Red Sox go pitching route in sixth round
BOSTON -- Unlike in recent years, when the Red Sox often pounced on pitching early in the Draft, they waited until the sixth round to take their first arm this year in right-hander Travis Lakins out of Ohio State.
Lakins, a 6-foot-1, 180-pound sophomore, saw his numbers and velocity dip a bit from his freshman year. But the Red Sox think Lakins has the tools to develop into a solid pitcher once he improves his command.
Lakins fired a 10-inning gem en route to a 2-1 win over Nebraska in April.
The selection of Lakins marked the latest the Red Sox waited to take a pitcher in the Draft since 1992.
The Draft concludes on Wednesday, with exclusive coverage of Rounds 11-40 on MLB.com beginning at noon ET.
Round 7: RHP Ben Taylor, University of South Alabama
The Red Sox might have a future closer on their hands in Taylor. When the 6-foot-3, 225-pound righty moved to the bullpen full-time during his senior year, he took his game to another level.
"He was fantastic for us. He was our closer, but we'd bring him in the sixth and seventh if we needed to," said University of South Alabama head coach Mark Calvi.
"Ben is the ultimate worker, the ultimate teammate and he was the ultimate competitor for us the last two years. He was a strike-throwing machine for us and really competed hard and was as clutch a pitcher as I've had in a long time."
Not only does Taylor's stuff seem to play better in the bullpen, but he has the mentality that goes with the role.
"Ben is one of those guys who does better when he can see the finish line," said Calvi.
Round 8: LHP Logan Allen, IMG Academy (Bradenton, Fla.)
The hard-throwing lefty has a scholarship waiting for him at the University of South Carolina. The Red Sox are hoping he decides to go pro. He was the first lefty taken by Boston, but the third consecutive pitcher. Allen was essentially unhittable in his senior year, posting a 0.93 ERA and striking out 64 batters over 45 innings.
"It was unbelievable," said Allen. "It was the team I had talked to the earliest since I had started my senior year, and it was the team I wanted to go to the most. The area scout, Stephen Hargett, was one of my favorite guys. That was my favorite option. I got to go to my dream team. I'm unbelievably excited and can't wait to start. I would have had no problem turning down money to play at the University of South Carolina, but to play for the Boston Red Sox and live my dream that I've been dreaming since I was a little kid is definitely worth it."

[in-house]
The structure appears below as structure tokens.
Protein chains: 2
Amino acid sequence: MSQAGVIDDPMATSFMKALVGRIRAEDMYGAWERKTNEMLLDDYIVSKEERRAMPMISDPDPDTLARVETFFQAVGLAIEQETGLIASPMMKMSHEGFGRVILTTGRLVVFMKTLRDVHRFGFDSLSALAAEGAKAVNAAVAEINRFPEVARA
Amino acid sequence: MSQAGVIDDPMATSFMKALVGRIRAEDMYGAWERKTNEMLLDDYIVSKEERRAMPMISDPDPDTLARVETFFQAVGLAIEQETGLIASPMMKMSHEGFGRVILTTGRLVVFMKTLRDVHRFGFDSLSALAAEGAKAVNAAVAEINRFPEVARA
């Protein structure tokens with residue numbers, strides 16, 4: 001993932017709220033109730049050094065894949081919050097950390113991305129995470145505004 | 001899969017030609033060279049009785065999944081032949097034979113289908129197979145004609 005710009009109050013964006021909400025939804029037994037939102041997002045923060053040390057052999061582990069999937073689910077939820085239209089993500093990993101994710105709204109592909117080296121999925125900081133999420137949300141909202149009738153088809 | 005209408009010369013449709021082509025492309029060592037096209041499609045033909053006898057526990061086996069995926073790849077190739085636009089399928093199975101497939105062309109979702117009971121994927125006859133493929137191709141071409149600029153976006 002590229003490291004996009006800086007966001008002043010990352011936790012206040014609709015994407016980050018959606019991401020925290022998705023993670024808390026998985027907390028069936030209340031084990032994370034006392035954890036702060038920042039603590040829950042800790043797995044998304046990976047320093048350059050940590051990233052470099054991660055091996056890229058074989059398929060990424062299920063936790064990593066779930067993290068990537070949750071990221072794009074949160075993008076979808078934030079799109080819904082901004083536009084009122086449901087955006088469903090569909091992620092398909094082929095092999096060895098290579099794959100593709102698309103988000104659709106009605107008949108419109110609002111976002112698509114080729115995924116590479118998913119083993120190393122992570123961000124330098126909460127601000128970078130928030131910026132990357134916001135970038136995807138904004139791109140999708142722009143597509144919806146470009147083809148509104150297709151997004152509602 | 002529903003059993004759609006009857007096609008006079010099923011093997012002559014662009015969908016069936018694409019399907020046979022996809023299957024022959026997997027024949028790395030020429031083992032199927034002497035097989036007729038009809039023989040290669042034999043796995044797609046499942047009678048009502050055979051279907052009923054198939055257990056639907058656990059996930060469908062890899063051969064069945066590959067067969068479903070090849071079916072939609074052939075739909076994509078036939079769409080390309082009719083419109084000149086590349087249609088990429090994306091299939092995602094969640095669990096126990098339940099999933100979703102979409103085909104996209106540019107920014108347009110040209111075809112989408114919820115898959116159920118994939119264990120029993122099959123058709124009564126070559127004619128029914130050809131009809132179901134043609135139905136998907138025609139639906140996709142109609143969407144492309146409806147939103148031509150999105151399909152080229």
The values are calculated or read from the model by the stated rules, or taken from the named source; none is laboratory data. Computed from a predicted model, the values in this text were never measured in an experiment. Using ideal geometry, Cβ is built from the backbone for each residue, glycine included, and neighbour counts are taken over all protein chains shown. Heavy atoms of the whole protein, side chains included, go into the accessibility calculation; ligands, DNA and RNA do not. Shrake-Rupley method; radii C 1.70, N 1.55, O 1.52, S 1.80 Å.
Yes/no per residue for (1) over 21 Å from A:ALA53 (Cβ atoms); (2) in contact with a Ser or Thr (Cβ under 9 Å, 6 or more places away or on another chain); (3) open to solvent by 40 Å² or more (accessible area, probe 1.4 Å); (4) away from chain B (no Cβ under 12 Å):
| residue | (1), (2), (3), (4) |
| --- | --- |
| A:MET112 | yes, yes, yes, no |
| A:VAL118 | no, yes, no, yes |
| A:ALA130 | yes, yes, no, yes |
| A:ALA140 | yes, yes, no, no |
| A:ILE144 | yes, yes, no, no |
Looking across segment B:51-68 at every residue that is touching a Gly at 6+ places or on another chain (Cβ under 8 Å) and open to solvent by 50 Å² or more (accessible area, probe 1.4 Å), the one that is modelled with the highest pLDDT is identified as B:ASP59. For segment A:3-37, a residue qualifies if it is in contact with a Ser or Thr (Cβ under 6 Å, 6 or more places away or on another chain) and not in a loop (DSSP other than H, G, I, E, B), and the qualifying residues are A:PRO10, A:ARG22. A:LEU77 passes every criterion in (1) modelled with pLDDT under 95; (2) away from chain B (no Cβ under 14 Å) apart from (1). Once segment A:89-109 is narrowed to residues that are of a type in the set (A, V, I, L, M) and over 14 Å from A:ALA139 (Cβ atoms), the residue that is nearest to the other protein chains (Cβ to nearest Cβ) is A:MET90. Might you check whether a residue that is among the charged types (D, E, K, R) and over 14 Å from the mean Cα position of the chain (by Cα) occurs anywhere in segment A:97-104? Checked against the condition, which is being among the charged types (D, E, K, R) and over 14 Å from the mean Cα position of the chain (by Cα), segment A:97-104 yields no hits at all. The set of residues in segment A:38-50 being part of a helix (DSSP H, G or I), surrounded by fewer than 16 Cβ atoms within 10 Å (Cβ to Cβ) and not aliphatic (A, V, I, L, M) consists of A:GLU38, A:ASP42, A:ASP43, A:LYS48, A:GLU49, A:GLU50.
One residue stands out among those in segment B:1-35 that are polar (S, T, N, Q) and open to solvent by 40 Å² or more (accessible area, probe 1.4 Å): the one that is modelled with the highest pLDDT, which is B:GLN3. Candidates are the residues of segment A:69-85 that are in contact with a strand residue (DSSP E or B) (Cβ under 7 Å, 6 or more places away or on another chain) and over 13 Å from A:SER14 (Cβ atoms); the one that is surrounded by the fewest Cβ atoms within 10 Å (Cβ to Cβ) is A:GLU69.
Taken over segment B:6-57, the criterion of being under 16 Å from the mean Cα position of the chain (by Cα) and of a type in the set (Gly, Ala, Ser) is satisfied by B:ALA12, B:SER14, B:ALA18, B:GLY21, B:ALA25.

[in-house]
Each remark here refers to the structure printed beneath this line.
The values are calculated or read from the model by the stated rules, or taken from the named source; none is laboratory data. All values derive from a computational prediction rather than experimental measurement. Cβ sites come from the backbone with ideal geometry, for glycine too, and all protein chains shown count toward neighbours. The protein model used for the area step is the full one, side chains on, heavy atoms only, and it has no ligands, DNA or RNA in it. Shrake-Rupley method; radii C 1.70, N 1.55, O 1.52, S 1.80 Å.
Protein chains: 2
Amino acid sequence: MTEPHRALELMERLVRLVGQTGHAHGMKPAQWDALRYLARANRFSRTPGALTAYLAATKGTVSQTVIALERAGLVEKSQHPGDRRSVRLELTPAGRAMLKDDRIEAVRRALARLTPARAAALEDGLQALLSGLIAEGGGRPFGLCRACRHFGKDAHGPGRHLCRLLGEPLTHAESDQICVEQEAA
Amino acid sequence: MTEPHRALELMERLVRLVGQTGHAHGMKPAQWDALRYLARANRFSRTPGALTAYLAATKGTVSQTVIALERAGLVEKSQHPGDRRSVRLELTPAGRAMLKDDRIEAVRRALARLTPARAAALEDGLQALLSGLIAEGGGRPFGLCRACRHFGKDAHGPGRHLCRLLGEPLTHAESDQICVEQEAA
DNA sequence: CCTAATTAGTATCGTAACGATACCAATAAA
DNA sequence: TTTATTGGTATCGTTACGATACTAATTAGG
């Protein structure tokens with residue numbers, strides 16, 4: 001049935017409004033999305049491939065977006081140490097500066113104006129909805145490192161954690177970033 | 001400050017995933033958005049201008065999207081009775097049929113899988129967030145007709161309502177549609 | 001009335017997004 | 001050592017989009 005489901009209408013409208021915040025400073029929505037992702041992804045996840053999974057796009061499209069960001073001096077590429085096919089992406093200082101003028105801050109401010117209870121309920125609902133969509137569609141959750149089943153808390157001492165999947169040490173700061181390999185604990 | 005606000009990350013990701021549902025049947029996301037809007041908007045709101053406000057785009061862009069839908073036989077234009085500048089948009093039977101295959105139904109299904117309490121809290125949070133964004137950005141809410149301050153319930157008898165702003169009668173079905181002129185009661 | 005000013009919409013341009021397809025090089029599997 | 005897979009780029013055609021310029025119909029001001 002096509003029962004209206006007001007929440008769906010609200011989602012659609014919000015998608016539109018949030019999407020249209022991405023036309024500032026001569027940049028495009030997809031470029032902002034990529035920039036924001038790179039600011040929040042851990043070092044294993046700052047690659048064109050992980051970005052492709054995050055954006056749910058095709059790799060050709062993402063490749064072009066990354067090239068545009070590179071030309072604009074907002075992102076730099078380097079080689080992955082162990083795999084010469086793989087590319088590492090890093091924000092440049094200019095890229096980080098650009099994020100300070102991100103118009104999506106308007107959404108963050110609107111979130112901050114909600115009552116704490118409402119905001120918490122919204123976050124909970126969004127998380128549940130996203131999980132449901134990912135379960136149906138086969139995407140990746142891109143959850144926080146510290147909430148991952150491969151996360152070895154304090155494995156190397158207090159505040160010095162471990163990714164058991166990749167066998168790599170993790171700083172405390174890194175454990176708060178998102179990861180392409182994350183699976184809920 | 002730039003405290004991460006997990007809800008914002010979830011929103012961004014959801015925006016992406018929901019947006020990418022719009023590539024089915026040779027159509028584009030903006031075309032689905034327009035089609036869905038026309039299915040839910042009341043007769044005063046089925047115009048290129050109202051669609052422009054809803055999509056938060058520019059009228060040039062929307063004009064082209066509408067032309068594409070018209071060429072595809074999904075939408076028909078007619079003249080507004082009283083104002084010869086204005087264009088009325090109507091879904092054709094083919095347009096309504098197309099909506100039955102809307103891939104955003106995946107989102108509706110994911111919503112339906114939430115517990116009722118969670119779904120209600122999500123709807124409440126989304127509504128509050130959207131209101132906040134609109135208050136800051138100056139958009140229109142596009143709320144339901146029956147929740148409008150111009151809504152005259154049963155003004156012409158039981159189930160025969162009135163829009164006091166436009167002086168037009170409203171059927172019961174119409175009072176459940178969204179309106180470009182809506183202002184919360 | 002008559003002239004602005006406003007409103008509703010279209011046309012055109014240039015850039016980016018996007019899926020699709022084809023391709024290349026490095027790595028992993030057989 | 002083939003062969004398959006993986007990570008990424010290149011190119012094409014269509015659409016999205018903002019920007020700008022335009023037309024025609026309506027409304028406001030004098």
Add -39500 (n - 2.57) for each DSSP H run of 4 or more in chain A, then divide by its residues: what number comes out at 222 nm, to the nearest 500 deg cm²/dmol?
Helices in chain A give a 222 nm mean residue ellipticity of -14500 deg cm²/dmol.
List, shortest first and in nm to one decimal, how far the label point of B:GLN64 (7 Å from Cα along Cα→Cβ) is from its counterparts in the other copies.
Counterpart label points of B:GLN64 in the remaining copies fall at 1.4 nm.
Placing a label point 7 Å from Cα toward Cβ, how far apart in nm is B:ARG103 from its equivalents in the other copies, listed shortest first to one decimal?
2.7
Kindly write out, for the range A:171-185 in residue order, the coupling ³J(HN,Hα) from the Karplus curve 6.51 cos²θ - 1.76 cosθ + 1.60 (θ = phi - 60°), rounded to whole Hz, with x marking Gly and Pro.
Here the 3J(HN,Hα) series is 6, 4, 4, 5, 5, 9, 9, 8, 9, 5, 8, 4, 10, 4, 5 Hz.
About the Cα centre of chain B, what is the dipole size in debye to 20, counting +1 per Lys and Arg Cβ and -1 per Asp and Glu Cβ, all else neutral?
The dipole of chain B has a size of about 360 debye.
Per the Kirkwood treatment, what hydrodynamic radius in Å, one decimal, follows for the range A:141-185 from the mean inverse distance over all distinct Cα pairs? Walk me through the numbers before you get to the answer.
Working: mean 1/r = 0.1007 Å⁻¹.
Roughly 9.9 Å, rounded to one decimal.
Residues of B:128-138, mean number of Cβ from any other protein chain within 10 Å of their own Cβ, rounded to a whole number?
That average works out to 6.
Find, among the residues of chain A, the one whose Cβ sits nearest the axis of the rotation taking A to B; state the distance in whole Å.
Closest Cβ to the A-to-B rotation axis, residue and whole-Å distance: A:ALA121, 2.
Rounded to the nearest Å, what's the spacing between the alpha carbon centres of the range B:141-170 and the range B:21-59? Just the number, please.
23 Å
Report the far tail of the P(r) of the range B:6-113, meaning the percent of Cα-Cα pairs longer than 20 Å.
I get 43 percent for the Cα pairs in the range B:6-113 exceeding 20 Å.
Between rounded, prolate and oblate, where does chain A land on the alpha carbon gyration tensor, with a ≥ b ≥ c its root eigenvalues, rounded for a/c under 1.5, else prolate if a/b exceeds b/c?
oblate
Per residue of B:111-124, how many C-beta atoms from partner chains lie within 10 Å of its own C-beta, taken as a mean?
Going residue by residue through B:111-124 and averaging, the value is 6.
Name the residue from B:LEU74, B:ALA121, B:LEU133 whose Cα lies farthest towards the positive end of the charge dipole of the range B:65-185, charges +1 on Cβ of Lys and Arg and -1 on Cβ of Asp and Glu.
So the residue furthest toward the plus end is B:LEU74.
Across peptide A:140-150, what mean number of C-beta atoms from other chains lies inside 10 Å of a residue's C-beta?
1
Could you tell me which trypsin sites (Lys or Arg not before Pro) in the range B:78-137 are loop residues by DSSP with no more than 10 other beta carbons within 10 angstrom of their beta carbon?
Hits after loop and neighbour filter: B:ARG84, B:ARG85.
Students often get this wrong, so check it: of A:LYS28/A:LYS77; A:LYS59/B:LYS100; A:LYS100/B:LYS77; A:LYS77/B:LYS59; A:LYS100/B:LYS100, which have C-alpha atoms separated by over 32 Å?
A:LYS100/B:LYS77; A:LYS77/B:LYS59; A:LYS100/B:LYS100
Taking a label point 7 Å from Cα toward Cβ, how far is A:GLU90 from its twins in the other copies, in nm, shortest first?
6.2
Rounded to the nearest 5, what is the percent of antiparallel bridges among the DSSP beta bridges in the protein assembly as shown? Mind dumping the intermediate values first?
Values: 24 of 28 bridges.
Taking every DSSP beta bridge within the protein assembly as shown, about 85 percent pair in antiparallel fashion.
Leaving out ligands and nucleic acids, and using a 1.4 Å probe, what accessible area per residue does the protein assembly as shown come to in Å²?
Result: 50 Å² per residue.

Round 9: 1B Tucker Tubbs, University of Memphis
The right-handed hitter had a significant jump in his power this season, belting 17 homers after hitting eight over his first three college seasons. Tubbs had a career OBP of .378 and was a third-team All-American this season.
"He's had some ups and down, but he absolutely never quit working," said Memphis State coach Daron Schoenrock. "He's not a power guy who just swings and misses a bunch. He knows what he can hit and what he can't, and what he can hit hard, and he's learned to take the other pitches. He's not a chase guy."
Tubbs played third and second earlier in his career before moving to first the last two seasons.
Round 10: 3B Mitchell Gunsolus, Gonzaga
The Red Sox completed Day 2 by taking a third baseman with diversified skills at the plate. The left-handed hitter produced a slash line of .353/.449/.556 with 15 doubles and seven homers in his senior season at Gonzaga.
"I think he's a very good overall hitter," said Gonzaga coach Mark Machtolf. "He can really do it all. He gets on base, he walks, he's got a really good feel for the strike zone. He's shown gap power and this year, he's finally shown home run power. And he runs decent. You combine all those tools, and they've got themselves a very good power."
Gunsolus also projects to have versatility on defense.
"He's played short, he's played third and I think he can play second or the outfield," said Machtolf. "I think the fact he can play more than one position, it's really going to help his chances of advancing."